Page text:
Flap Surgery

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A dental flap surgery technique cleans the foundations or the roots of the teeth and fixes any damage in the bone brought about by gum infection. Before the method, you will be given a local sedative to desensitise (numb) the region where the specialist will deal with the gums. In this procedure, specialists make little cuts in the gum and lift a segment of tissue back. Then, they eliminate any tartar and microorganisms from the tooth and from under the gums. The gums are stitched back, so the tissue fits immovably around the teeth. When you recuperate, cleaning regions on the teeth and gums will be easier and more convenient. Normally, you may have some minor bleeding and inconvenience after any sort of dental medical procedure. You ought to have the possibility to continue your daily routine after about a day after the surgery.

A flap procedure is regularly finished under local sedation, some of the time joined alongside oral anti-anxiety prescriptions; on the other hand, it very well might be performed even under intravenous conscious anesthesia. After the sedation begins to show its effect, a little cut is made to isolate the gums from the teeth. The external gum tissue is tenderly collapsed back to give admittance to the roots and the supporting tendon and bone tissue.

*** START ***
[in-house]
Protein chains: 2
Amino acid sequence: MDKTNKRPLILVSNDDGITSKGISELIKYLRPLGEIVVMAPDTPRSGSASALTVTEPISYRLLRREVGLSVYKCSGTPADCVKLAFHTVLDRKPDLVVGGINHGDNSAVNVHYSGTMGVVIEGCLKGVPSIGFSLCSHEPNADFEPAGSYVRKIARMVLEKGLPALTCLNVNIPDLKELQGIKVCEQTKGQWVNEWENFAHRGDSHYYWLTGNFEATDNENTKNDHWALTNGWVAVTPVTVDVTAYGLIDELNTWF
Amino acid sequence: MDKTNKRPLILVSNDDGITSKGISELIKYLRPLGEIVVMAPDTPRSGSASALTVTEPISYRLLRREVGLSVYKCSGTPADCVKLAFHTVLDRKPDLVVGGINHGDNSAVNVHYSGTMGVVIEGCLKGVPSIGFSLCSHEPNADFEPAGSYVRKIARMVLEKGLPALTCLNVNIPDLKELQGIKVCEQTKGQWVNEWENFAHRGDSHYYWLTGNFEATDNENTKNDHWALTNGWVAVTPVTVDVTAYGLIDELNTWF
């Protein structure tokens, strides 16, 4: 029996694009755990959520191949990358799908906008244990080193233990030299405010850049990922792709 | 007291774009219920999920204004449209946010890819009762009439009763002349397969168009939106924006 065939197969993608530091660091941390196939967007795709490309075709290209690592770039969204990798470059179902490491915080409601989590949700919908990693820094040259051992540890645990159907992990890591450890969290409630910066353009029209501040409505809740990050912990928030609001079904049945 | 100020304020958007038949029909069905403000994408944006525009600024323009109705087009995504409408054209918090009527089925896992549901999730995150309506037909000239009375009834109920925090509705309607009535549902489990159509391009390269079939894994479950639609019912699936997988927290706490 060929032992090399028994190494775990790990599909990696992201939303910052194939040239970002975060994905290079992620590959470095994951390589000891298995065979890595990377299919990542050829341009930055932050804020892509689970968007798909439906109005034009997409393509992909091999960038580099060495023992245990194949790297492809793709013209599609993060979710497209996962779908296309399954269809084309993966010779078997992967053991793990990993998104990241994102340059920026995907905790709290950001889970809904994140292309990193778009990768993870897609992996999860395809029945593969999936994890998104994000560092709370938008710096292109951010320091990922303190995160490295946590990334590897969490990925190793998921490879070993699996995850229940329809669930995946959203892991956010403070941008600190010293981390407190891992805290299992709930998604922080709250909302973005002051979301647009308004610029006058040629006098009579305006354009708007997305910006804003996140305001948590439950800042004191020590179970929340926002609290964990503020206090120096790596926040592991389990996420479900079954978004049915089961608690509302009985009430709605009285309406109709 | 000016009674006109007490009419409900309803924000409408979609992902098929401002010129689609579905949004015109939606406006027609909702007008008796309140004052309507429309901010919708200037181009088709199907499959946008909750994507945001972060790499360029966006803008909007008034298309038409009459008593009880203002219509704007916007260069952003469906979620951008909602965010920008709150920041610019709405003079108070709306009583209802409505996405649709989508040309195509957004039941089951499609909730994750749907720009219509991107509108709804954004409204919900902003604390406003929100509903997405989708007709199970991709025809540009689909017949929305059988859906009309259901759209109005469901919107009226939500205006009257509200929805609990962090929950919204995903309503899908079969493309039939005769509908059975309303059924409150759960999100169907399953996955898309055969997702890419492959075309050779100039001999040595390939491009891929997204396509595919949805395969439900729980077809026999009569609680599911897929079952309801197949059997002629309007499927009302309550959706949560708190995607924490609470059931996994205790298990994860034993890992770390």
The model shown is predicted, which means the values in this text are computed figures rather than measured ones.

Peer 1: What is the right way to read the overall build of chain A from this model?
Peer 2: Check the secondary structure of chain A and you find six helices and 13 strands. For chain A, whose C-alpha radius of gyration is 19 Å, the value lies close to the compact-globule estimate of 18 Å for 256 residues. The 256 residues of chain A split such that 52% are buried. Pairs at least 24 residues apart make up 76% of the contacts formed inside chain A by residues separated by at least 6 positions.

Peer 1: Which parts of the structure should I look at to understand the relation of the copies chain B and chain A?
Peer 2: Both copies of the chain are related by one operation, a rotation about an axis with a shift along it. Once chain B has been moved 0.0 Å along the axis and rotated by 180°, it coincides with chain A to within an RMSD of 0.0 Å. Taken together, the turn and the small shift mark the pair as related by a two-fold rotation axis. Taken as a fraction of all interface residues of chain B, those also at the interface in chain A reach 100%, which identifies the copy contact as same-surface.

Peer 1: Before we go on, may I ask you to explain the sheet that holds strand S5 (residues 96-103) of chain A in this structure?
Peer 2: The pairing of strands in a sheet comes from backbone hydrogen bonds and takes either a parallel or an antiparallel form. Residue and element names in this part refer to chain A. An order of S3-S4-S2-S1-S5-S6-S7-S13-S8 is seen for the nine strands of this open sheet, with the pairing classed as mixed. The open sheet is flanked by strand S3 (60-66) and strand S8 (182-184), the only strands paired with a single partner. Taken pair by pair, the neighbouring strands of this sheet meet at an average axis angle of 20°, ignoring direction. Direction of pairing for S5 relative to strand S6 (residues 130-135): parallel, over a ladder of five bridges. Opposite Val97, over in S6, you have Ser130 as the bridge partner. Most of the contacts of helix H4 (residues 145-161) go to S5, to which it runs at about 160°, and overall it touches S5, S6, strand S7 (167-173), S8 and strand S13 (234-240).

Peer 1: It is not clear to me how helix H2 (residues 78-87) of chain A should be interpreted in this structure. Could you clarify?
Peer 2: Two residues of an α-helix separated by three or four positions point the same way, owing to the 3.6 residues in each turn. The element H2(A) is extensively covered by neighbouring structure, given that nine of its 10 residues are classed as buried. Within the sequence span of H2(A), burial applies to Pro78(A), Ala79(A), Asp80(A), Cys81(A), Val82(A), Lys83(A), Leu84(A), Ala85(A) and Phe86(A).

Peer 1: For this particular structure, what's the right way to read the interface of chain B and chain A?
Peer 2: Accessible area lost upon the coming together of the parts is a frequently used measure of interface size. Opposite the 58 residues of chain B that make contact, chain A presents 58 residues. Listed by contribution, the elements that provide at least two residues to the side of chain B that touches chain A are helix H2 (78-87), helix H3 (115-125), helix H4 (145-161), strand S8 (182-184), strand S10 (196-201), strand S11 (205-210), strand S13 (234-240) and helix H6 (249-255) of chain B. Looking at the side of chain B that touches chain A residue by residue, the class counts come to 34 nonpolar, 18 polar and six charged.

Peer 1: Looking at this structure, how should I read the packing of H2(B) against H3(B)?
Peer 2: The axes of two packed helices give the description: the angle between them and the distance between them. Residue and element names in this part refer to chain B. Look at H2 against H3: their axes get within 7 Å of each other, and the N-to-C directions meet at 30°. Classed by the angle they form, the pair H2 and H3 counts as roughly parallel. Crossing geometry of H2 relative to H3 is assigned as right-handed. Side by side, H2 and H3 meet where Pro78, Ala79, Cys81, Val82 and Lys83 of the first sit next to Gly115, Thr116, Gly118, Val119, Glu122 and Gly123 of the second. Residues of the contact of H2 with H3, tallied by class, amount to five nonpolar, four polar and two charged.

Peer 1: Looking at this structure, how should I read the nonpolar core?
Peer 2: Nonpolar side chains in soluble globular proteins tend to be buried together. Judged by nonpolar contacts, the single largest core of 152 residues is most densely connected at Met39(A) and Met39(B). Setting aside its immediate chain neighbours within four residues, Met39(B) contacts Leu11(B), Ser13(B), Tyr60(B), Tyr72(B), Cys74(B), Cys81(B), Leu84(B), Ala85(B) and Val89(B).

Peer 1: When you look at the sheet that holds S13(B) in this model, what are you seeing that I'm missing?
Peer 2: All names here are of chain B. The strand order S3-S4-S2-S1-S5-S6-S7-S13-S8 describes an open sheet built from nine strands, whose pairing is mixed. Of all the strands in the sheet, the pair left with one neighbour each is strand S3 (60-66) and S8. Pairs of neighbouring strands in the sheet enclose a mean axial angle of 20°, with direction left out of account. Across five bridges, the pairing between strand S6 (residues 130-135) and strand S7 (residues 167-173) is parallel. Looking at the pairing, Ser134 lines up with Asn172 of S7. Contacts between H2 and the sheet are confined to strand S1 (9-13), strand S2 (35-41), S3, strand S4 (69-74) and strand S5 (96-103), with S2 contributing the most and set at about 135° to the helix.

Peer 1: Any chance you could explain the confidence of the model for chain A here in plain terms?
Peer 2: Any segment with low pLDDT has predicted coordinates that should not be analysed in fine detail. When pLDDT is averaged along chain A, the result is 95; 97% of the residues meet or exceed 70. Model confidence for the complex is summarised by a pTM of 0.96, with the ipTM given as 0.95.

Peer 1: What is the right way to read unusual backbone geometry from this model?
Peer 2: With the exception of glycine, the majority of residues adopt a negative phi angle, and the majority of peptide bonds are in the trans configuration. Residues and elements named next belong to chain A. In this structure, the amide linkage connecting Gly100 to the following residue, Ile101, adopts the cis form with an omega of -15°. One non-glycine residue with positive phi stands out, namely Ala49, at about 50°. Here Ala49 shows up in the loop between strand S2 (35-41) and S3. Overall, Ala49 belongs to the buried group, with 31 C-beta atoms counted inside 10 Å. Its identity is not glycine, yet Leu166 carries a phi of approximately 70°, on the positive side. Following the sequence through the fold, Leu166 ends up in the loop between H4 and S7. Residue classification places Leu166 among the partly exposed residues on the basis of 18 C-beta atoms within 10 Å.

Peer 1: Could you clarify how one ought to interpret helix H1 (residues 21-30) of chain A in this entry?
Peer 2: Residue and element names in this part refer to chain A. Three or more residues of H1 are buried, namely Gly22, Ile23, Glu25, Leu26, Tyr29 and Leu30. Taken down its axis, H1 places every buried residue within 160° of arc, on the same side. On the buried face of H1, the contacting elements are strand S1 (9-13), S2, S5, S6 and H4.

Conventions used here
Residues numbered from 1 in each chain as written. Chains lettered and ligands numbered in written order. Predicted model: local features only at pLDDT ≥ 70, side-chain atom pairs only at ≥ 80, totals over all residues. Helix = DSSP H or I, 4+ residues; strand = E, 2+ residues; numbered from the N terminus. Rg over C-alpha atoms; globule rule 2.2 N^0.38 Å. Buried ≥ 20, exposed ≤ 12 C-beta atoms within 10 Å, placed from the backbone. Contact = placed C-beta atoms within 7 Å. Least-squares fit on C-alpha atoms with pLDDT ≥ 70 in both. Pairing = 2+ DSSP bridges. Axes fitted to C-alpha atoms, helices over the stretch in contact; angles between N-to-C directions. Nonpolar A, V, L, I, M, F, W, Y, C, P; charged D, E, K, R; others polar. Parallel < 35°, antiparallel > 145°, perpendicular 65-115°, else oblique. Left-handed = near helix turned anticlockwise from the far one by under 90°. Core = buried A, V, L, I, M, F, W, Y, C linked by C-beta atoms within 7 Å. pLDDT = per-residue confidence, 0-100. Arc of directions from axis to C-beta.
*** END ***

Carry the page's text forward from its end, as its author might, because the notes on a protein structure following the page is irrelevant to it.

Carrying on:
Then, the gum tissue that is inflamed will be eliminated, and the roots of the teeth will be cleaned; if necessary, the region may likewise be treated with antibiotics or different drugs. During this procedure, bone imperfections can also be fixed with grafting material, and appropriate regeneration of the periodontal tendon can be empowered by both barrier membranes (physical) and growth factors (chemical) processes. After this, the point of incision is sutured back using sutures that dissolve on their own and the procedure is finished.


Periodontal flap surgery is predominantly used to treat;

  • Loss of tooth and deep tooth pockets
  • Gingivitis 
  • Localised periodontitis 
  • Generalised periodontitis
  • Decay of soft tissues within the periodontal pocket
  • Smoker’s teeth
  • Swollen, red, tender or bleeding gums
  • Persistent bad breath 
  • Bad taste in mouth
  • Visible pus around the teeth and gums.
  • Plaque deposits